Chocolate Génoise Recipe

OK, I decided.

Chocolate génoise is the foundation upon which a great Black Forest cake is built, and is good for a number of other things besides. Like a classic génoise it’s rather dry, but then it’s whole reason for being is to be soaked liberally with syrup.

2 ounces (4 tablespoons) unsalted butter
3.5 ounces (3/4 cup) cake flour
0.75 ounces (1/4 cup) Dutch-process cocoa
1/2 teaspoon salt
6 eggs, room temperature
5.25 ounces (3/4 cup) sugar
1 teaspoon vanilla extract

Preheat your oven to 375°. Melt the butter in a small saucepan and allow it to cool. Meanwhile, line a 9-inch springform pan with parchment paper. Next, sift together the flour, cocoa powder and salt into a large bowl.

Whisk the eggs, sugar and vanilla together in the bowl of a stand mixer (you’re not actually using the mixer here ) then set the bowl over a pan of gently simmering water. Heat the mixture until it’s just warm, about 115 degrees Fahrenheit. When he egg mixture is warm, place it in the mixer, attach the whip, and whip it on medium-high until it is tripled in volume, about 6-8 minutes.

Turn off the mixer, pour off about 1 cup of the mixture into the melted butter and stir it together. This lightens the butter so it will incorporate a bit more easily in the last step. Pour the mixture back into the mixer bowl, sprinkle on the sifted flour mixture, and using your largest spatula, fold the whole mixture together.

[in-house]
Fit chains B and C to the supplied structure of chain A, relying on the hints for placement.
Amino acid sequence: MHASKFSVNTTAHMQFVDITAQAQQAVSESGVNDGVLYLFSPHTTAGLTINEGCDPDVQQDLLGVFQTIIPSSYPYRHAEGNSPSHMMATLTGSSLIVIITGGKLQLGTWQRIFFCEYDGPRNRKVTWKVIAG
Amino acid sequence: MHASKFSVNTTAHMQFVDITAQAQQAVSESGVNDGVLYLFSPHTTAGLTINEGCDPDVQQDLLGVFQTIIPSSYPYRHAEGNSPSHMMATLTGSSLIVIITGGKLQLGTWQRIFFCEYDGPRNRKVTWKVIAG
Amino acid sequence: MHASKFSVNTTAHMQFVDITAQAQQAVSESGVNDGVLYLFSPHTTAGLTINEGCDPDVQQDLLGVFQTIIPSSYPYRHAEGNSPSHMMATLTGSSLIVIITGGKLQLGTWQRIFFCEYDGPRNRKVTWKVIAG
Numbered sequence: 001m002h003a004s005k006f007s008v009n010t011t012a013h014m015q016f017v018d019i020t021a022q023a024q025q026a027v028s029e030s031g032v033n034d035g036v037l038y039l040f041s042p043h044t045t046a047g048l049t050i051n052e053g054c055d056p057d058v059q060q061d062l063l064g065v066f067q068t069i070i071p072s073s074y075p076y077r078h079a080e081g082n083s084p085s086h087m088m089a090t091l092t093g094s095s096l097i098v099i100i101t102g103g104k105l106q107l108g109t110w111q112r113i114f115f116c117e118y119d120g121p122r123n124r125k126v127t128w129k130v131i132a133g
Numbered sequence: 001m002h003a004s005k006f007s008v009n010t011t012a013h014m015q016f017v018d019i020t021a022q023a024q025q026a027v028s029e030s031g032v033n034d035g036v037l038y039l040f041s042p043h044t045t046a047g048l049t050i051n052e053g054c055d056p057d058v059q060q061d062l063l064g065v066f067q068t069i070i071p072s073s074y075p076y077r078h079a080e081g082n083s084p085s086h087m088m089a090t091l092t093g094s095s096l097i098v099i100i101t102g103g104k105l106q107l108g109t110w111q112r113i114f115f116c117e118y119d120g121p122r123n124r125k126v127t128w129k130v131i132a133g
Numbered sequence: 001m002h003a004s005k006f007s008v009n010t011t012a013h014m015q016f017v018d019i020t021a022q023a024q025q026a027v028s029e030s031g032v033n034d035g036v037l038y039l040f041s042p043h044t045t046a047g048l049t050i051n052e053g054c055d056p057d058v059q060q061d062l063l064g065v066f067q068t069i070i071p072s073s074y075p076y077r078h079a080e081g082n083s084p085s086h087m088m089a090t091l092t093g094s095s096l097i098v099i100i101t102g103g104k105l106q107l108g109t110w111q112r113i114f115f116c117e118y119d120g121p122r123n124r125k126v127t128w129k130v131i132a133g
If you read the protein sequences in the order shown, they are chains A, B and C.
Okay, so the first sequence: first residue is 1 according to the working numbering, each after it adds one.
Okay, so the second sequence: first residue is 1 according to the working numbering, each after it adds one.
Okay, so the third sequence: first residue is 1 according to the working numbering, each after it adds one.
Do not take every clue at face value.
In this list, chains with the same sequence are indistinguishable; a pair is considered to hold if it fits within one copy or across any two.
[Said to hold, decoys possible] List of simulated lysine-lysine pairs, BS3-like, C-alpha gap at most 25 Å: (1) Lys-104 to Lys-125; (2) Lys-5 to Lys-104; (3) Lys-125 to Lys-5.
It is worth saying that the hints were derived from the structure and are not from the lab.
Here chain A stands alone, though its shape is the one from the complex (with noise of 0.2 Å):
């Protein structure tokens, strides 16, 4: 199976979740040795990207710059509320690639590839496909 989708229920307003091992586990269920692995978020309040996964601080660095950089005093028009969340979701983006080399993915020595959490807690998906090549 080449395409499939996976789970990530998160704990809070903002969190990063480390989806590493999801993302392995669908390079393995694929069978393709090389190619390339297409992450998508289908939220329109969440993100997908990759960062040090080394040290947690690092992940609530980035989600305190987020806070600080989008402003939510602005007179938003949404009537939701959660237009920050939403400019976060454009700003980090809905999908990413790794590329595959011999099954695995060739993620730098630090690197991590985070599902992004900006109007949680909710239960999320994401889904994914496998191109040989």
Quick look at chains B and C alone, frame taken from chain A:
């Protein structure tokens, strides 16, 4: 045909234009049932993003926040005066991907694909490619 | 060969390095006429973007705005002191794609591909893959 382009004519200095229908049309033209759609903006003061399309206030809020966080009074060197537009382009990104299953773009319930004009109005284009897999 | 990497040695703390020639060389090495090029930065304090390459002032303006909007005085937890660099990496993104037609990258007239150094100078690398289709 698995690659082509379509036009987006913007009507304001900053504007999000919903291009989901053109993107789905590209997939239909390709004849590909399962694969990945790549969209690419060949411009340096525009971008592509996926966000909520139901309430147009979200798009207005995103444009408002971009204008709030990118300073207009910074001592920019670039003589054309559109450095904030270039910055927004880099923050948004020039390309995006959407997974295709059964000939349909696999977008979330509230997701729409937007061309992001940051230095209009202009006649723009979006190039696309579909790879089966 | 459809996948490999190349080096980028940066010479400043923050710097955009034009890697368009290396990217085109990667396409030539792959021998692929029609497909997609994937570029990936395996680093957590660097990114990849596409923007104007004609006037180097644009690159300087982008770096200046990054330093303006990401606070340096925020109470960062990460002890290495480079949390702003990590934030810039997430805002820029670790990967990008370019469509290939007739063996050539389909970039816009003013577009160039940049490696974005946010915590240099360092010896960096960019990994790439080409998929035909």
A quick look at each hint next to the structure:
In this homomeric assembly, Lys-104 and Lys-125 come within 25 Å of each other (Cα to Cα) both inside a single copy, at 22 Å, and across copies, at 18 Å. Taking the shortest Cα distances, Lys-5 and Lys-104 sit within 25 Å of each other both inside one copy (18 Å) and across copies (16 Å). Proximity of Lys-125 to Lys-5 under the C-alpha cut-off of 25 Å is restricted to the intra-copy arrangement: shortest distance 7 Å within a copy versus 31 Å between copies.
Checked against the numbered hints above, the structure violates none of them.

Gently scrape the mixture into the prepared pan and back 35-40 minutes until the cake is just firm. Transfer it to a rack and let it cool for about 5 minutes, then turn it out onto a rack to cool, upside down.

12 thoughts on “Chocolate Génoise Recipe”

  1. Genoise is my nemesis. Little balls of flour that refuse to be folded in without deflating the eggs. What is the secret?

    1. Hey Vicki!

      Good question, I have that people sometimes as well. Some people like to let the mixer do the folding and slowly pour the sifted flour into the bowl with the machine set to low. That’s a perfectly good way to go and lowers the risk of those little blobs you’re talking about. Otherwise all I can recommend is even sifting and courageous folding! 😉


      – Joe

    2. use a large balloon whisk to fold in the flour mixture instead of a spatula. it’s much more efficient–all those little edges cutting through the batter at once. i think i learned that tip from rose levy berenbaum a few years ago and have been using it ever since.

        1. try it. you’ll be surprised. i was. just use the same wrist motion as with a spatula, while rotating the bowl. the flour incorporates much more easily than with the spatula. while the electric mixer works if you’re very careful, the risk of deflating the egg foam is great.

  2. Hi Joe,
    One springform pan? How many layers are you planning to have for the cake? BTW, I did black forest cake once and checked here first to see if there maybe a recipe… Excited that there will be one here now

    1. Hey Kenny!

      At the moment I’m not sure how many cake layer’s I’ll have. I’m torn between the standard two and the more contemporary three. Still mulling…;)

      – Joe

  3. Was looking for a nice chocolate cake recipe that I could basically just bake one layer and torte it, pipe sweetened cream between the layers, top with chocolate ganache. Basic I know, but certainly a nice sweet tooth killer! This recipe sounds perfect!

  4. Hello Joe. Thanks for this recipe.
    I was wondering if I could double the recipe to make two cakes instead of one. Do you think it will work or will it mess up the proportions of the ingredients?
    Also, what kind of syrups would you suggest to soak the cakes with? I’m not looking to make a black forest cake but a simple layer cake with whipped cream.
    Look forward to your reply!

    1. Hi Maria!

      Sorry for the late reply! You can indeed double this without a problem.


      – Joe

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